By Arts Council England
Story curated by TIN Arts
IncludFEST: Audience (2018) by Simone RudolphiArts Council England
IncludFEST is a free, fully accessible and inclusive outdoor arts festival for d/Deaf, disabled children, young people and their families. It is one of a very few festivals across the United Kingdom that are focused on inclusion and access.
IncludFEST: Making activities (2018) by Simone RudolphiArts Council England
Noise and crowds are common concerns for disabled young people attending festivals. IncludFEST is always located in large parks or green spaces so everyone can find quiet areas away from the main activities.
Making IncludFEST truly accessible to all means having British Sign Language Interpreters available across a range of activities and the provision of a Mobiloo - a mobile accessible toilet with an adult-sized changing bench, hoist and friendly attendant.
IncludFEST: Parade (2018) by Ian PaineArts Council England
IncludFEST starts with a parade or big performance that brings the audience together and acts as a tone setter for the rest of the event.
IncludFEST: Reading Map (2022) by Ian PaineArts Council England
A map of the festival site and programme using symbols and Easy Read principles ensures all information available is universally accessible to all.
IncludFEST: Theatre (2018) by Ian PaineArts Council England
It is important that those who attend are also represented in the work they see and experience so d/Deaf and disabled artists are embedded across the programme.
IncludFEST: Durham brass (2018) by Durham Brass FestivalArts Council England
Music is a constant at IncludFEST where community and professional performers perform side by side.
IncludFEST: Meemee Theatre (2019) by Ian PaineArts Council England
IncludFEST aims to be young-person focused, inclusive and memorable. There is never a shortage of strange new characters to meet!
IncludFEST: Bellflower (2019) by Ian PaineArts Council England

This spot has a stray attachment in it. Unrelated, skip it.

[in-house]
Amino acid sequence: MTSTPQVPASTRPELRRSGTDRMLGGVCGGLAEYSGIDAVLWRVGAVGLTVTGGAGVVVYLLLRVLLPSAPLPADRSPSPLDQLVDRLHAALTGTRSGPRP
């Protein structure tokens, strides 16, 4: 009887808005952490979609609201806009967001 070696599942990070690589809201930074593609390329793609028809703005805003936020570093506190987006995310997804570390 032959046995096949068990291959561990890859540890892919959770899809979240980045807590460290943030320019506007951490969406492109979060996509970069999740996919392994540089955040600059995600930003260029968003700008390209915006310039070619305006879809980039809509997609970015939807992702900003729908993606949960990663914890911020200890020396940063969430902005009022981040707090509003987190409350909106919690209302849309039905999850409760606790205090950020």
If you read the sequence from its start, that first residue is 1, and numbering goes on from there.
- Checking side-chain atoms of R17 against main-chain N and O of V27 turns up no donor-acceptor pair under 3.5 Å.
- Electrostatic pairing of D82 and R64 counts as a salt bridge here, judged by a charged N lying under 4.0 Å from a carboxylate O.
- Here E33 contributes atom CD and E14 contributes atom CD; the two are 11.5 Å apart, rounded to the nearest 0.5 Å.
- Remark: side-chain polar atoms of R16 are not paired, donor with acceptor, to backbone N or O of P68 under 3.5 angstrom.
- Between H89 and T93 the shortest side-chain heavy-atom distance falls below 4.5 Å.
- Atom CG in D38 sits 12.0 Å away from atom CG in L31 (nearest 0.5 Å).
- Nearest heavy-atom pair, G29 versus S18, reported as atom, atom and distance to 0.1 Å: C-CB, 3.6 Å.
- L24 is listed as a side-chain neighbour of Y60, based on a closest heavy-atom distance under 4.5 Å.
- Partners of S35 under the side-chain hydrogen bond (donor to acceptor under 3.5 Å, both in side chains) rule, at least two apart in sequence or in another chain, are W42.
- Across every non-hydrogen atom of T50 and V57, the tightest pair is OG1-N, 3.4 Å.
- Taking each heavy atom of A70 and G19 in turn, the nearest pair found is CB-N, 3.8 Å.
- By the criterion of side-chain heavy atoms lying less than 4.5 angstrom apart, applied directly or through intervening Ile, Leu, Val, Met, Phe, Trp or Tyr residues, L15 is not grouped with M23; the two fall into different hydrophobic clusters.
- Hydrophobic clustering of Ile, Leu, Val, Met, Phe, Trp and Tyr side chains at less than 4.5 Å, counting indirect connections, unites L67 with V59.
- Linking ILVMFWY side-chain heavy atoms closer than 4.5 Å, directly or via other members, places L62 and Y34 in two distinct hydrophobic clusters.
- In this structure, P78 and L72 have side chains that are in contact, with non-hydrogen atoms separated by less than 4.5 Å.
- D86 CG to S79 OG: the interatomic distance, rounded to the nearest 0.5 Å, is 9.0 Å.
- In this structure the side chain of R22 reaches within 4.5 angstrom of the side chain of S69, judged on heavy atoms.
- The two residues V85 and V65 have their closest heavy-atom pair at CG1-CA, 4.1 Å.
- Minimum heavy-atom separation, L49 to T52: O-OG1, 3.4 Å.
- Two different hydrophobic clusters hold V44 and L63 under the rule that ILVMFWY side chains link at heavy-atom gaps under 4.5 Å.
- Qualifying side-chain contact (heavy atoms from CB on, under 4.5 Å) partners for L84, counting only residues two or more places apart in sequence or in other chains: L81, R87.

The festival site is a busy place and there is always room for roaming acts which allow for more intimate and spontaneous engagement close-up.
IncludFEST: String and Strong (2022) by Ian PaineArts Council England
For those who don't want to be in a crowd or close to something that is too 'lively', smaller programmed 'walkabout' activities allow for quieter more intimate interactions ensuring the programme offers something for everyone.
IncludFEST: Rosie (2018) by Ian PaineArts Council England
IncludFEST annually features a new dance piece made by young people with and without a disability based on either the theme or the location. This creates a sense of connection to the festival for those involved and a chance to be part of the team of performers.
IncludFEST: Big Dance Off (2022) by Ian PaineArts Council England
One of the Festival's strengths is that it brings together both disabled and non-disabled audiences, breaking down barriers and building new connections and understanding.
IncludFEST: Young People's Performance (2022) by Ian PaineArts Council England
Being inclusive is about ensuring all who join in can be included without pre-determined barriers around who something is for or what age it would suit.
IncludFEST: Shabang! (2022) by Ian PaineArts Council England
All Festival activities are open for anyone to join in with no prior knowledge or experience.
IncludFEST: Family (2018) by Simone RudolphiArts Council England
Everything is planned with families in mind, encouraging children, young people and their caregivers to experience all of the Festival's activities and performances together.
IncludFEST: Fun (2018) by Simone RudolphiArts Council England
If the sun shines and the wind is not too strong (the perils of outdoor arts), then everybody is included, valued and there are smiles all around!
To find out when the next IncludFEST will take place go to the TIN Arts website alongside additional information on other TIN Arts' programmes where access and inclusion are at the core of the activity.